The evolution of the context of fiduciary duty of board members has been discussed for a while in order to include ESG within the scope of this duty by domestic legislations. Before switching to the core of the Taxonomy Regulation, board members shall be reminded that this regulation paves the way for a change in the extent of the fiduciary duty of the board members for risk management, strategy building and reporting/disclosure obligations. Unlike before, it is no longer an option to hide investments or activities, which are not in line with the objectives of the Taxonomy Regulation. Hence, board members shall be alerted in advance to be able to comply with relevant requirements depending on their sector-specific screening criteria and investigate the best practices to this end to take their companies a step ahead comparing them with peers in their sector.
Very briefly, on one hand, board members of financial market participants shall mainly analyse what proportion of the portfolios they manage are aligned with the taxonomy threshold outlined in the guidance of Commission’s Technical Expert Group6 (“TEG”) on Sustainable Finance.
On the other hand, board members of non-financial undertakings shall disclose the proportion of its turnover derived from products or services associated with environmentally sustainable economic activities; and the proportion of its total investments (capital expenditure - CAPEX) and/or expenditures (operating expenditure - OPEX) related to assets or processes associated with environmentally sustainable economic activities. This is closely linked to TEG’s recommendations of January 2019 and the updated non-binding guidelines on NFRD. The Commission will publish the detailed reporting requirements for non-financial companies by 1 June 2021.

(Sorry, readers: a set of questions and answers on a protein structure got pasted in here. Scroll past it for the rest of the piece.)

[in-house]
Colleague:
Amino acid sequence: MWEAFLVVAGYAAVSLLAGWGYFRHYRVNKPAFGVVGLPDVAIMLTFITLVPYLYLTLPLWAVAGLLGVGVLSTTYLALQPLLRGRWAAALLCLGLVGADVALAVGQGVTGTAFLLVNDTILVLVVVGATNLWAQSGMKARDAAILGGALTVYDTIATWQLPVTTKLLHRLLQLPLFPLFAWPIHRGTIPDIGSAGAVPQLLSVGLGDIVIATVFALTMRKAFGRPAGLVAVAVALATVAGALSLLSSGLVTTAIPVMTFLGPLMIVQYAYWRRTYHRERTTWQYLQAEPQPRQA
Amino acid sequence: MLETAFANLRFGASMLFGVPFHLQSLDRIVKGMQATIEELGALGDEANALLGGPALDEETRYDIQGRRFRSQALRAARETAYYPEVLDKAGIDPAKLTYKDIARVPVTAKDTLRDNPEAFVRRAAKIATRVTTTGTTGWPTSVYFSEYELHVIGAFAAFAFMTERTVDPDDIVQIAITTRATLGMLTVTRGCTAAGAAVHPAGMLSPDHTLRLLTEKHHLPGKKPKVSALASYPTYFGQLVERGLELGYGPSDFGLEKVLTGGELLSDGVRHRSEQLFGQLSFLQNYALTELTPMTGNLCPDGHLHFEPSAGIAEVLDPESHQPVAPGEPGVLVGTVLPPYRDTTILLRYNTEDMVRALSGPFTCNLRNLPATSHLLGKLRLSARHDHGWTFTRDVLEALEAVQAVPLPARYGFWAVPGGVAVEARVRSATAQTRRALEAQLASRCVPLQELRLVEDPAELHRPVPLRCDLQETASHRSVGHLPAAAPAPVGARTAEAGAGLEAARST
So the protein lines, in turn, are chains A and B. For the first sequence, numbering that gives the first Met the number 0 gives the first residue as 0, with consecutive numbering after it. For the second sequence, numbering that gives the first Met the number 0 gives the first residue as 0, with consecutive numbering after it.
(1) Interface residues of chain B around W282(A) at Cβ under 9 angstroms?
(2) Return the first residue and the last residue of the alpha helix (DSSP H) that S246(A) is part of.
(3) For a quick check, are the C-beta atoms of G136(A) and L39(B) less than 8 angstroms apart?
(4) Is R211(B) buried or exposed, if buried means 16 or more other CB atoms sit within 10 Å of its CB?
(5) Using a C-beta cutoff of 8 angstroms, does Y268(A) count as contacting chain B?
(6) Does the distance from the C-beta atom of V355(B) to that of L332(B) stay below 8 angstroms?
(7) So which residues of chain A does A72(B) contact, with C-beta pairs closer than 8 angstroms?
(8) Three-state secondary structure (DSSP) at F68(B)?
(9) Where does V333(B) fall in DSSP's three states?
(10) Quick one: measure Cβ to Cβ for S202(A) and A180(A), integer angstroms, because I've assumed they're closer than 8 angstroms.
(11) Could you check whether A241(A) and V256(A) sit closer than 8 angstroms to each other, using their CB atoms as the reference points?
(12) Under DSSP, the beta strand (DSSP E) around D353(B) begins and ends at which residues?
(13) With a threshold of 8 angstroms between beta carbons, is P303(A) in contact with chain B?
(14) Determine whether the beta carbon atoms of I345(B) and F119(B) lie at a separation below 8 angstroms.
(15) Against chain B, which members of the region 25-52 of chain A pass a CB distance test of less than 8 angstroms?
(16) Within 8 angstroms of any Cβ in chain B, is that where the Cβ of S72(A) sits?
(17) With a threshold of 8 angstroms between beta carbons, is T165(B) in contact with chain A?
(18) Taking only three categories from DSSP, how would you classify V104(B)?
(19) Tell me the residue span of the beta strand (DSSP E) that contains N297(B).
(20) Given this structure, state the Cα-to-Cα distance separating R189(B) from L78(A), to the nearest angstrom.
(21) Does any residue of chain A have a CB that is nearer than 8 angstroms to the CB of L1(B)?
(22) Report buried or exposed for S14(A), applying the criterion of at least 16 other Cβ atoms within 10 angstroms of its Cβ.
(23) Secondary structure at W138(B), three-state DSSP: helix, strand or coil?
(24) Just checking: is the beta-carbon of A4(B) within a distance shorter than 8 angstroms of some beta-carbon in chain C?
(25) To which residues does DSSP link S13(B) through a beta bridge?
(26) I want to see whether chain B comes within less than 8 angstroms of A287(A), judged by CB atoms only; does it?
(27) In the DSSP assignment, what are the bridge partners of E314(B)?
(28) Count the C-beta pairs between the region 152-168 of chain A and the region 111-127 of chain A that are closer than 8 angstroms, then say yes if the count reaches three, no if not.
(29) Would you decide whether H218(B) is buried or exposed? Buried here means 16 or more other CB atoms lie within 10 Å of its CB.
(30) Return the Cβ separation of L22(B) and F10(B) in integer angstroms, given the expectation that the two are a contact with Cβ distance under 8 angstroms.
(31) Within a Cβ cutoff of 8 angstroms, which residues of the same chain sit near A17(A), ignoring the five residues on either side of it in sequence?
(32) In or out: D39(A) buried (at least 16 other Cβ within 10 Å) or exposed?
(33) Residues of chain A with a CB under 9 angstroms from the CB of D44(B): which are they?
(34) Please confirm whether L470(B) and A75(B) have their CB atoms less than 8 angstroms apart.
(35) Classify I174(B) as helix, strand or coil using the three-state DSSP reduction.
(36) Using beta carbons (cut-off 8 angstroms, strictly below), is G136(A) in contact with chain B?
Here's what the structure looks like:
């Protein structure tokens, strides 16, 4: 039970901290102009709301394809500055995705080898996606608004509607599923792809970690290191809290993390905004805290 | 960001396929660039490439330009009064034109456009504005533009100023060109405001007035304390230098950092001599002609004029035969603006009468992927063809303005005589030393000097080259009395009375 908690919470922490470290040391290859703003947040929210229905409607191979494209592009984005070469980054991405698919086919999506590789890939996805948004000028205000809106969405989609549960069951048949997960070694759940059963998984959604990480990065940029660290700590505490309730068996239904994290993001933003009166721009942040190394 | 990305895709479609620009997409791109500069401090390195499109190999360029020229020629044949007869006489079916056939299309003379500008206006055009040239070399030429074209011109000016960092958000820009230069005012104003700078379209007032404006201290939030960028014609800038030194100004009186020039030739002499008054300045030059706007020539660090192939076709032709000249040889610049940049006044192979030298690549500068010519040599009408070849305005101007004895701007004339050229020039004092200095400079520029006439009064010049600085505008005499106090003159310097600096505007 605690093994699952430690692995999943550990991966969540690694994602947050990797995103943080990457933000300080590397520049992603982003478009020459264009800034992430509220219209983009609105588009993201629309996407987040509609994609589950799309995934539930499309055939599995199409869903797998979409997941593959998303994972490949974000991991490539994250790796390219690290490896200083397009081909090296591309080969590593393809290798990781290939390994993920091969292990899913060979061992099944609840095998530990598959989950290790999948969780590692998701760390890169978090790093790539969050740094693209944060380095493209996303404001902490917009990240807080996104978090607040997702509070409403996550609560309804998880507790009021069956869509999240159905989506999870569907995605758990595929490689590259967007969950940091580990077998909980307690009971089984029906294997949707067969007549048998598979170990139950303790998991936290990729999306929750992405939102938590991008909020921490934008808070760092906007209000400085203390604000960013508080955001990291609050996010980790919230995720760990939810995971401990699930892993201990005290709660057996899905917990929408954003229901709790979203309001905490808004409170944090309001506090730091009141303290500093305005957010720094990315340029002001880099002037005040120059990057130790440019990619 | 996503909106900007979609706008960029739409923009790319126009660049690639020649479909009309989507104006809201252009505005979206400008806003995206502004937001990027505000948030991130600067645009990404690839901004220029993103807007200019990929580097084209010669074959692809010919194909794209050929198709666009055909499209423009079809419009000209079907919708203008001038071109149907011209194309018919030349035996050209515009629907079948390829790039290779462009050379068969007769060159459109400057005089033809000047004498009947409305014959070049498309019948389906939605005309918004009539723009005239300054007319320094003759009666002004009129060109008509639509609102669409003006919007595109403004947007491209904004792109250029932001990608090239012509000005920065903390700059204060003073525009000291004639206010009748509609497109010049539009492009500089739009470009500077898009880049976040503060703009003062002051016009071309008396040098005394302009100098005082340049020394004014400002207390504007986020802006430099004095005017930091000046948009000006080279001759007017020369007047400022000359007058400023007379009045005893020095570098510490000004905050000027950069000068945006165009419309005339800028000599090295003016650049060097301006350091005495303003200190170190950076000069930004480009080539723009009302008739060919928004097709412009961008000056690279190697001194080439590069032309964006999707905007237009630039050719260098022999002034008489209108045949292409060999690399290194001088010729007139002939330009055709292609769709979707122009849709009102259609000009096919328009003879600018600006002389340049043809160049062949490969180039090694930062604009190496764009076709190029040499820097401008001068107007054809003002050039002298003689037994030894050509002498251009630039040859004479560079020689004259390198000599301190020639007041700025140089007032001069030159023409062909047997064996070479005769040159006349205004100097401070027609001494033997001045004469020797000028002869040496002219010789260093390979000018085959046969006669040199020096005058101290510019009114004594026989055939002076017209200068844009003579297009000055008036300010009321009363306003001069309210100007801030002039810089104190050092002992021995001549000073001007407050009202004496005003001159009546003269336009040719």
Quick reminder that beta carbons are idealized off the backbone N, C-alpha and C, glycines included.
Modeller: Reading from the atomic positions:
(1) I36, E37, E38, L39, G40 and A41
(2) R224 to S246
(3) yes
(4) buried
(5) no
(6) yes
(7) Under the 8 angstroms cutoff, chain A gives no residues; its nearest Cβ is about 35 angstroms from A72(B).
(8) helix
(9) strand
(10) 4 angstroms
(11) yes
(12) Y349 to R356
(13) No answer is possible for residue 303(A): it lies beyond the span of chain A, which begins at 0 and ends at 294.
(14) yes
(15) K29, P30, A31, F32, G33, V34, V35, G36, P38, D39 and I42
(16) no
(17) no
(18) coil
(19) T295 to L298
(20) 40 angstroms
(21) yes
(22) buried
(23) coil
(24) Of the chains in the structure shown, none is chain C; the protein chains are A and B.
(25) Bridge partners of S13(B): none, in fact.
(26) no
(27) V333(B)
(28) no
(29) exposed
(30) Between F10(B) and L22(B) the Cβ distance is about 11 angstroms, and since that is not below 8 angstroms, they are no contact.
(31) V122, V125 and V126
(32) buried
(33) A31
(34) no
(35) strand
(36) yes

Who Does It Apply To
“financial market participants” making available “financial products”, as defined in the related Disclosure Regulation7 , covers investment funds, product manufacturers and managers, including insurance undertakings, pension funds, AIFMs and UCITS management companies;
undertakings, which are subject to the obligation to publish a non-financial statement or a consolidated non-financial statement pursuant the Non-Financial Reporting Directive (NFRD, Directive 2013/34/EU); and
Individual Member States and measures adopted by the EU setting out any existing or potentially new eco-labeling requirements on financial market participants or issuers regarding environmentally sustainable financial products or corporate bonds.
The Action Plan has wider implications, -not only on finance companies but also on corporations especially the listed companies- in the below mentioned sectors8 , which play a key role in climate change mitigation and adaptation (the first two objectives of the Taxonomy Regulation):
Agriculture, forestry and fishing
Electricity, gas, steam and air conditioning supply
Water, sewerage, waste and the related remediation
Transportation and storage
Information and Communication Technologies (ICT)